Decreased Sexual Satisfaction in Middle Age Leads To Cognitive Decline, Study Shows

In Education

A recent study led by researchers from Penn State suggests that experiencing low sexual satisfaction during middle age could indicate a potential risk for cognitive decline in the future. The study observed a group of men aged 56 to 68 and discovered a connection between declining sexual satisfaction, erectile function, and subsequent memory loss.

Erectile function could be a risk factor for memory decline

The study published in the journal Gerontologist tracked sexual satisfaction, sexual health, and cognition over time, revealing a potential new risk factor for cognitive decline. Study co-author and Penn State professor Martin Sliwinski said that its unique approach involved measuring memory and sexual function throughout the longitudinal study, allowing researchers to observe their changes over time. The findings align with the emerging understanding of the connection between life satisfaction and cognitive performance.

Researchers sought to establish the link between psychological and physical changes in middle-aged people to cognitive decline. The study examined the impact of microvascular changes on erectile function and lower sexual satisfaction and how these changes relate to cognition.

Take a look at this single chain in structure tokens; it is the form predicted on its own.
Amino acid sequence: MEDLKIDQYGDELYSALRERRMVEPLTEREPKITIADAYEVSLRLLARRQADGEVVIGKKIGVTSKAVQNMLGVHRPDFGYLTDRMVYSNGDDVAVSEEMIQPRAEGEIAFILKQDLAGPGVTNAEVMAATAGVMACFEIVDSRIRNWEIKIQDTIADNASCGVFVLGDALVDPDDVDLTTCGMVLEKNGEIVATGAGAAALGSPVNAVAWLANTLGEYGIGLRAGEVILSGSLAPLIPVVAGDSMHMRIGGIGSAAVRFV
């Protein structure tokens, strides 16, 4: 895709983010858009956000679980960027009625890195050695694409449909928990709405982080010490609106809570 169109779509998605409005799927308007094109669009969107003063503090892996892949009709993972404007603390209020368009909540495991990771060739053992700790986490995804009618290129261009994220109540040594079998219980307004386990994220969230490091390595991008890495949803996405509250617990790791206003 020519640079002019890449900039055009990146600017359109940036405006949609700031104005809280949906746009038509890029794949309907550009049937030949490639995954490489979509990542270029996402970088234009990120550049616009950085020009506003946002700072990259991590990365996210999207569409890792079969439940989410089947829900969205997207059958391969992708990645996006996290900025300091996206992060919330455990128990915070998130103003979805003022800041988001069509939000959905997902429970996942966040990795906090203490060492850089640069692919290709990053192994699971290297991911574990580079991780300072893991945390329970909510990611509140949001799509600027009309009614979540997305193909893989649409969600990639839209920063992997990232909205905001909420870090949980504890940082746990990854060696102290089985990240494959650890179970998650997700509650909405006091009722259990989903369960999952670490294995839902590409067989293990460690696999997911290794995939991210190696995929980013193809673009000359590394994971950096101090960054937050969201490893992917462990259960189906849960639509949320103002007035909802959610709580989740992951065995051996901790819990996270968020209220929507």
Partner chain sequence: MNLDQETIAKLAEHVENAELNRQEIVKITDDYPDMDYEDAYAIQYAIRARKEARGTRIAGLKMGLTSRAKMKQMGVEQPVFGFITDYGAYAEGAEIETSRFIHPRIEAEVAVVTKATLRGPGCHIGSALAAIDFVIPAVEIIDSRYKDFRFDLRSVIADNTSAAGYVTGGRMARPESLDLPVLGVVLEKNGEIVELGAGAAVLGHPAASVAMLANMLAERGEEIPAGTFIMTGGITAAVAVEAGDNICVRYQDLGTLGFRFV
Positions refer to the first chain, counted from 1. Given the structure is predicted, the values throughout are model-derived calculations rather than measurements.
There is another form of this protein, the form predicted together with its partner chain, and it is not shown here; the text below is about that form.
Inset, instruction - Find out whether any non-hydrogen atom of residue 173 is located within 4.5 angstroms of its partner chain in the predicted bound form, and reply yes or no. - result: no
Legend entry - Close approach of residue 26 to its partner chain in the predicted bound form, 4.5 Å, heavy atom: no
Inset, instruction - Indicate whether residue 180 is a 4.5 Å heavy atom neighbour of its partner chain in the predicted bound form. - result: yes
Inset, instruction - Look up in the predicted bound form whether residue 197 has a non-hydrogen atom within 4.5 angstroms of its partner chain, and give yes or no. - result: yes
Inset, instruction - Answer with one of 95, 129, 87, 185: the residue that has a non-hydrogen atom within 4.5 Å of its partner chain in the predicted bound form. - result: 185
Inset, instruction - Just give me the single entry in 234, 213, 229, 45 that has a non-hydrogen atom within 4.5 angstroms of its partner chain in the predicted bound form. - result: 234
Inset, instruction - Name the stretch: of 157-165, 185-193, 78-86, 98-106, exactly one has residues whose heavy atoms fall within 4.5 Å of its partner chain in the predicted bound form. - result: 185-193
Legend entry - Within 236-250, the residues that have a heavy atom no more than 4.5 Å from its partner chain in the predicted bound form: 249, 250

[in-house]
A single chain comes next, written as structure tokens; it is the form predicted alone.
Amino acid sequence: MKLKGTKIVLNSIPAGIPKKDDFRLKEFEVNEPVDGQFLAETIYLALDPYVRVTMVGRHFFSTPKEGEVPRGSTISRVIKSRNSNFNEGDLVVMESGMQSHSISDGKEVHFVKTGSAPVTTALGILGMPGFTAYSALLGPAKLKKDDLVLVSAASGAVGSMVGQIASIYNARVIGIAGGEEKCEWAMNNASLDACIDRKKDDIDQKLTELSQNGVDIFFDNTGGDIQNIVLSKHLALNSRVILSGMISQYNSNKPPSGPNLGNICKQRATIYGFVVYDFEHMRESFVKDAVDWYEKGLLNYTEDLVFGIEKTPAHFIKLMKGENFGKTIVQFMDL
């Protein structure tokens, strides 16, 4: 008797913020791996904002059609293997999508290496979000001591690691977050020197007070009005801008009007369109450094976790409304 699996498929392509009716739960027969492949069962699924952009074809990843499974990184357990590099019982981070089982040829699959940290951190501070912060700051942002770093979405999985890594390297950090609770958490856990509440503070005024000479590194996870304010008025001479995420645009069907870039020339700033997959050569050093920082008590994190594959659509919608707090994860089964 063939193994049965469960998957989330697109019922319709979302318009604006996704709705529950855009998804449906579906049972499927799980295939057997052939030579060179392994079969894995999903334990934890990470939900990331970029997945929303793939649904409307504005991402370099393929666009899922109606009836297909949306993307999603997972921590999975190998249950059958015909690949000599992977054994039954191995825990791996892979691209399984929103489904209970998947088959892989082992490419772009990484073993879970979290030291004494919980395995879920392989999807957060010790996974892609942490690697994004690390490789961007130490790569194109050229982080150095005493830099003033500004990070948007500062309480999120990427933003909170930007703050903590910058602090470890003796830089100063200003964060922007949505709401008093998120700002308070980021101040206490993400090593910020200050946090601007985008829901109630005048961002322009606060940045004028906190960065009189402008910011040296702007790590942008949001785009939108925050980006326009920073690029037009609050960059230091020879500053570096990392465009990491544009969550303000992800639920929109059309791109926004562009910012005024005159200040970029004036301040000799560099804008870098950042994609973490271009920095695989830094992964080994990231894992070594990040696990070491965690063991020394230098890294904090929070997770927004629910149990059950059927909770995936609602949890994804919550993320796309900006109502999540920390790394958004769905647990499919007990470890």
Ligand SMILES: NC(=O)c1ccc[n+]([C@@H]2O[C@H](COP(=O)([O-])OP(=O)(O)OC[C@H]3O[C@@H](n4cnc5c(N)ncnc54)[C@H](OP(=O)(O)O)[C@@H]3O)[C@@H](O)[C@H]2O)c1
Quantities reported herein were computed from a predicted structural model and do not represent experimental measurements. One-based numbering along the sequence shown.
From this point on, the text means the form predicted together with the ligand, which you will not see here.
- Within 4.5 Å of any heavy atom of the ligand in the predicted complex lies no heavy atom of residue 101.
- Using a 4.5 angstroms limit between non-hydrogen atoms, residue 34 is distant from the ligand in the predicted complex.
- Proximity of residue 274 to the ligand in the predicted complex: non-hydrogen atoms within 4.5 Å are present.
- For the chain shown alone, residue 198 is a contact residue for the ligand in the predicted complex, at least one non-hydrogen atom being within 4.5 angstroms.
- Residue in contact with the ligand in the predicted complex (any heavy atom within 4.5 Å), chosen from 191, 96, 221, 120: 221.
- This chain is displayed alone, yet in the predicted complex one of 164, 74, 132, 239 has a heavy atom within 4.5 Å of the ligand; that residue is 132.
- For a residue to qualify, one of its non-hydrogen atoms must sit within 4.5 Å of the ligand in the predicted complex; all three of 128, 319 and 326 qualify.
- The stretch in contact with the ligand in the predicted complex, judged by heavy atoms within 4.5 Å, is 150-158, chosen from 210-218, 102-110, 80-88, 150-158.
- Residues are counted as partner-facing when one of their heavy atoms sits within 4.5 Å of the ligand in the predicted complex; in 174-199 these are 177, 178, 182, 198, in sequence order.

Sliwinski said that scientists have discovered a correlation between low overall satisfaction and an increased risk of health issues such as Alzheimer’s disease, dementia, cardiovascular problems, and other stress-related conditions that can contribute to cognitive decline. Furthermore, they have found that enhancing sexual satisfaction may improve memory function. While exercise and proper nutrition are often recommended for better health, this research highlights the significance of sexual satisfaction for overall well-being and quality of life.

Decreased sexual satisfaction leads to cognitive decline

Traditionally, research on sexual health has focused on measurable aspects such as the number of sexual partners or frequency of sexual activity. However, this study aimed to investigate how individuals perceive their sex life and how it affects their cognitive function. The researchers discovered that a decline in both erectile function and sexual satisfaction was linked to memory decline.

Lead study author Riki Slayday said they established that a decrease or increase in sexual satisfaction or erectile function was associated with a decrease or increase in cognitive function.

Mobile Sliding Menu